Need opinions on how to speed up a site

iansilv

Limp Gawd
Joined
Jun 10, 2004
Messages
335
OK,
I need some help here. I am running the following server on Rackspace:

Athlon 3200 2ghz, 2gb of ram. I hae my OS and my program on separate partitions. I have a website running on it, and I want to know what the best wayt o speed things up is- a new faster server, splittign the sql and program files in to two servers, etc. any thoughts?
 

NickTheNut

Supreme [H]ardness
Joined
Jan 18, 2001
Messages
4,657
you have a slow down with only one website running on the server? what type of site? if it has a huge DB, it might make sense to offload that to another server. However it could be as easy as to compress your images better, enable caching, and possibly offload resources where possible (i.e.: images onto amazon's S3). Oh and also optimize the web app running. If it's a hand built CMS or something along those lines, make sure your code is as streamlined as possible.
 

iansilv

Limp Gawd
Joined
Jun 10, 2004
Messages
335
OK- it is a pretty extensive DB- right now, i am looking at 48 tables. What is the measurement of a truly huge DB?
 

NickTheNut

Supreme [H]ardness
Joined
Jan 18, 2001
Messages
4,657
how many rows there are per table?

I'll 2nd that question.

However, unless there are millions of rows total, I wouldn't really consider a 48 table DB 'huge'.

Joomla for instance, a pretty large (and generally quick) CMS, has in the range of 40 tables, not counting third party extensions.

Oh btw: has the site always ran slowly? or is this is a new occurance? If it's always been slow, I would have rackspace take a look at your machines setup. There might be something setup incorrectly in apache.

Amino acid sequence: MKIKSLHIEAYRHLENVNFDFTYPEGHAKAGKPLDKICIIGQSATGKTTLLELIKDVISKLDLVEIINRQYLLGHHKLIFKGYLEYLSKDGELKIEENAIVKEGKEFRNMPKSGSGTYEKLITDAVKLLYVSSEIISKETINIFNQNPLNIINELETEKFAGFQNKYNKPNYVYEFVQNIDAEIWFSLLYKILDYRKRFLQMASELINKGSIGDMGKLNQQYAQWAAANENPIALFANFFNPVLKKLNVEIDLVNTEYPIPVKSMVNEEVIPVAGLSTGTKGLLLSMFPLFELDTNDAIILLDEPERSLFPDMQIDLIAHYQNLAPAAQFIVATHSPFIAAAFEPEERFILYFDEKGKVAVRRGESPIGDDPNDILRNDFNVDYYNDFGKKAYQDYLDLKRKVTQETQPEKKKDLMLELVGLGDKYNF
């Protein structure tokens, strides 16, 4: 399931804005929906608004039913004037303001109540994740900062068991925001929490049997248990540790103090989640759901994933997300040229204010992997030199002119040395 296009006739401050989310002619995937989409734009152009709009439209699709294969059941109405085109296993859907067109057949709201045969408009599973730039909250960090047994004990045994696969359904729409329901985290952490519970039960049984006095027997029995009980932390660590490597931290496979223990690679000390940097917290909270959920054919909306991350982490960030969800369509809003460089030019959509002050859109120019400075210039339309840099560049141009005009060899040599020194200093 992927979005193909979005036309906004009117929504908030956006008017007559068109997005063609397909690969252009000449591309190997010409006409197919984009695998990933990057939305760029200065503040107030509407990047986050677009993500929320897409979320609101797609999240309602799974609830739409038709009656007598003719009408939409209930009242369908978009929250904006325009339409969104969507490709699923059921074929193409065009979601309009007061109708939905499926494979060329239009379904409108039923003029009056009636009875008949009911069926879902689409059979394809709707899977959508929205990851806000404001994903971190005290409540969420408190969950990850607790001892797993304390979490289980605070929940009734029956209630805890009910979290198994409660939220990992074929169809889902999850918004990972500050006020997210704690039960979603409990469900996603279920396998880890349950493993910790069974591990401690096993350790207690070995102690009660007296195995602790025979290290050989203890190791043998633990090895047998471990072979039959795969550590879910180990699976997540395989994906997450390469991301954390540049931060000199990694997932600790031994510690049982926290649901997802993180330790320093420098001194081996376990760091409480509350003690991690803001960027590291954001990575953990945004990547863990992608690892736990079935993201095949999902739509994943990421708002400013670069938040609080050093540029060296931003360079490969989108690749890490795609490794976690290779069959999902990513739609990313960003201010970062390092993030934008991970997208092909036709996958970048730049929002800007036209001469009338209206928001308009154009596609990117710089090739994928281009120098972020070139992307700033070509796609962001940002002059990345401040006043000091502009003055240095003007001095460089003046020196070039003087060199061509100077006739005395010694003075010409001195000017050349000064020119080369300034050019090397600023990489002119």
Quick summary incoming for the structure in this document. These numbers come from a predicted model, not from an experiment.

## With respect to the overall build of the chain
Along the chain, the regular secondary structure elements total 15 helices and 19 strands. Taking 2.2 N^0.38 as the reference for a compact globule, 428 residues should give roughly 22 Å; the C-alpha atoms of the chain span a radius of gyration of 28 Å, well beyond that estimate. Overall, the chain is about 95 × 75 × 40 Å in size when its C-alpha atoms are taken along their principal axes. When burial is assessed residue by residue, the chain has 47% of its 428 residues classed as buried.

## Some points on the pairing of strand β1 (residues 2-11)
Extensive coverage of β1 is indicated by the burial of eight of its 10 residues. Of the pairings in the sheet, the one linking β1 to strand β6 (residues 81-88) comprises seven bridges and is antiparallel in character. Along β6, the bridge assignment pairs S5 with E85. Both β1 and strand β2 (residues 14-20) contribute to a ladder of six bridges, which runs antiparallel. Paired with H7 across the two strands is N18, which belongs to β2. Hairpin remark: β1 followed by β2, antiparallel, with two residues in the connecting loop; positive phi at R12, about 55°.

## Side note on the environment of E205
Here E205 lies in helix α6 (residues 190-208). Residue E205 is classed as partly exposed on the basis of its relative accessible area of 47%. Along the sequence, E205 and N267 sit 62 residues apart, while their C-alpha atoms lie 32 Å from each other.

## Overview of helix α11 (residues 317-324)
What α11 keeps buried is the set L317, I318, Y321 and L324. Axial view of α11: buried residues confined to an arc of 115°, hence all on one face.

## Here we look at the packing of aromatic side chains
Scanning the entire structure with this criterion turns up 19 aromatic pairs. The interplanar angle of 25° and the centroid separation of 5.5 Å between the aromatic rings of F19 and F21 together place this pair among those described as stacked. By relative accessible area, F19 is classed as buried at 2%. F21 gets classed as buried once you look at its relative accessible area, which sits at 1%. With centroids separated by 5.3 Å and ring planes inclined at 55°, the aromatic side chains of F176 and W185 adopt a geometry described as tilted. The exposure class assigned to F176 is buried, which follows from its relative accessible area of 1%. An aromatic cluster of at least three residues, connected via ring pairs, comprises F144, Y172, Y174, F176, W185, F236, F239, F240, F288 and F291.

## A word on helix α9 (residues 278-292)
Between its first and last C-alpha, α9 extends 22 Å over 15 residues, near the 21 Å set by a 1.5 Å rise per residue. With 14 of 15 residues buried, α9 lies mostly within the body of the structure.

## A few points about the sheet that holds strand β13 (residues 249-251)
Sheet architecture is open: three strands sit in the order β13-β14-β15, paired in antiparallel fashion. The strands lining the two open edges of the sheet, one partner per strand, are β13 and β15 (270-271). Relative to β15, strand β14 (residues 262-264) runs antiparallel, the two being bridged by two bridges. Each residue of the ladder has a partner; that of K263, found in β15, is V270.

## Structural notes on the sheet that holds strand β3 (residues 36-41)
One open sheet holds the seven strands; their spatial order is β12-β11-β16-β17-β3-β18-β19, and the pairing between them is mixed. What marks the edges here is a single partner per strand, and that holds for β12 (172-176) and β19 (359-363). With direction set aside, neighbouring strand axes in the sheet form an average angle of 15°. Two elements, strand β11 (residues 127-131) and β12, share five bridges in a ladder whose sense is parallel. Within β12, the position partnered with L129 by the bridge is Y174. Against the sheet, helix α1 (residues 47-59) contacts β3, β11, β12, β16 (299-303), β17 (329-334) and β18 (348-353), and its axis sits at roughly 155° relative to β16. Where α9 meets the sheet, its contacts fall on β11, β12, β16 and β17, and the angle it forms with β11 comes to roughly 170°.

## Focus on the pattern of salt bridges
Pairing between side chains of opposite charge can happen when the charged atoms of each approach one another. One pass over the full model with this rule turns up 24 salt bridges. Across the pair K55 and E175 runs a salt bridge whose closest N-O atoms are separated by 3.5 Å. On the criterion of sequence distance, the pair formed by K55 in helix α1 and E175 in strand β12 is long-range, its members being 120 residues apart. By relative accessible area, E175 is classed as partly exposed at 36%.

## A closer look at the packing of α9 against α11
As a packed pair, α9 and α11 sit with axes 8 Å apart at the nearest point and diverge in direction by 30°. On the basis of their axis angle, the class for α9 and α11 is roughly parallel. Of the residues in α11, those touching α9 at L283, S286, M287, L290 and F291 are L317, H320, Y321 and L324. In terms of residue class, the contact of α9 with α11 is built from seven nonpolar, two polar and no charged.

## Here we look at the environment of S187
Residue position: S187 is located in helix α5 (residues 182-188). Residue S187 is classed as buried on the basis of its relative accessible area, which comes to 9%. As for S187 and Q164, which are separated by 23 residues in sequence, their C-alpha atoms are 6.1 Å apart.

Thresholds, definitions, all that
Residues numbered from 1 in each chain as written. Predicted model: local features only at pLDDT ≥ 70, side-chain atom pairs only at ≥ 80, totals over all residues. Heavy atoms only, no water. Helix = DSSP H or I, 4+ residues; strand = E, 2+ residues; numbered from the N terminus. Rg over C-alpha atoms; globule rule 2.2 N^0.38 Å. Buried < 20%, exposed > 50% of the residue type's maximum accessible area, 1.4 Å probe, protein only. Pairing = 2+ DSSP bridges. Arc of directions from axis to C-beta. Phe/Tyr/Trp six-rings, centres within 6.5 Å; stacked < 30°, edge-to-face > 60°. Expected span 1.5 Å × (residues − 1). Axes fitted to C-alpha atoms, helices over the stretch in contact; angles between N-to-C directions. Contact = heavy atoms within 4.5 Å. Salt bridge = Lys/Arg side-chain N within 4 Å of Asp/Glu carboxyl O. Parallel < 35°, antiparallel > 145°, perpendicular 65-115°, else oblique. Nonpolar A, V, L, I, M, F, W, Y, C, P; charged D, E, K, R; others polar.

Edit: okay 'millions' is a gross exaggeration. However, a few thousand rows I do not believe is enough to cause a slow down, at least not a few thousand in a well designed database.
 

ameoba

Supreme [H]ardness
Joined
Jan 9, 2001
Messages
6,413
There's no one-size fits all answer to any broad optimization problem. Proper optimization involves first discovering what's slow.

If you don't have enough network bandwidth, nothing you can do the hardware is going to fix it - same if your pages are loading 40 separate javascript/CSS files & 'slow' is just latency.

If the database is the weak link, you might be able to achieve acceptable performance by tuning your queries, adding some indexes, partitioning data, using stored procedures or storing precomputed data in denormalized tables.

The problem might be that the code is just inefficient - you could be using inefficient algorithms, repeatedly querying the database for the same data, recalculating the same data, repeatedly opening new DB connections or not offloading -enough- work to the database.

If you're using CGI scripts, the slowness might just be startup overhead of your environment - fastcgi could be the solution.

The solution might just be something as simple as modifying the webserver configuration to allow more (less?) simultaneous requests. Similarly, there may be some tweak you could make to the DB config to speed things up.

The solution might just be something as simple

The solution might just be to tune the webserver.

BTW - 48 tables is nothing. I've worked on systems with thousands of tables/views and dozens of gigabytes of data.
 

mikeblas

[H]ard|DCer of the Month - May 2006
Joined
Jun 26, 2004
Messages
12,776
The best way to speed something up is to figure out what's slow. Nobody here can give you any sensible answer until you explain your architecture, share what you've measured (and what you haven't), and so on. The only other viable alternative is to enumerate suggestions for things to go and measure, which amoeba has already done ...
 
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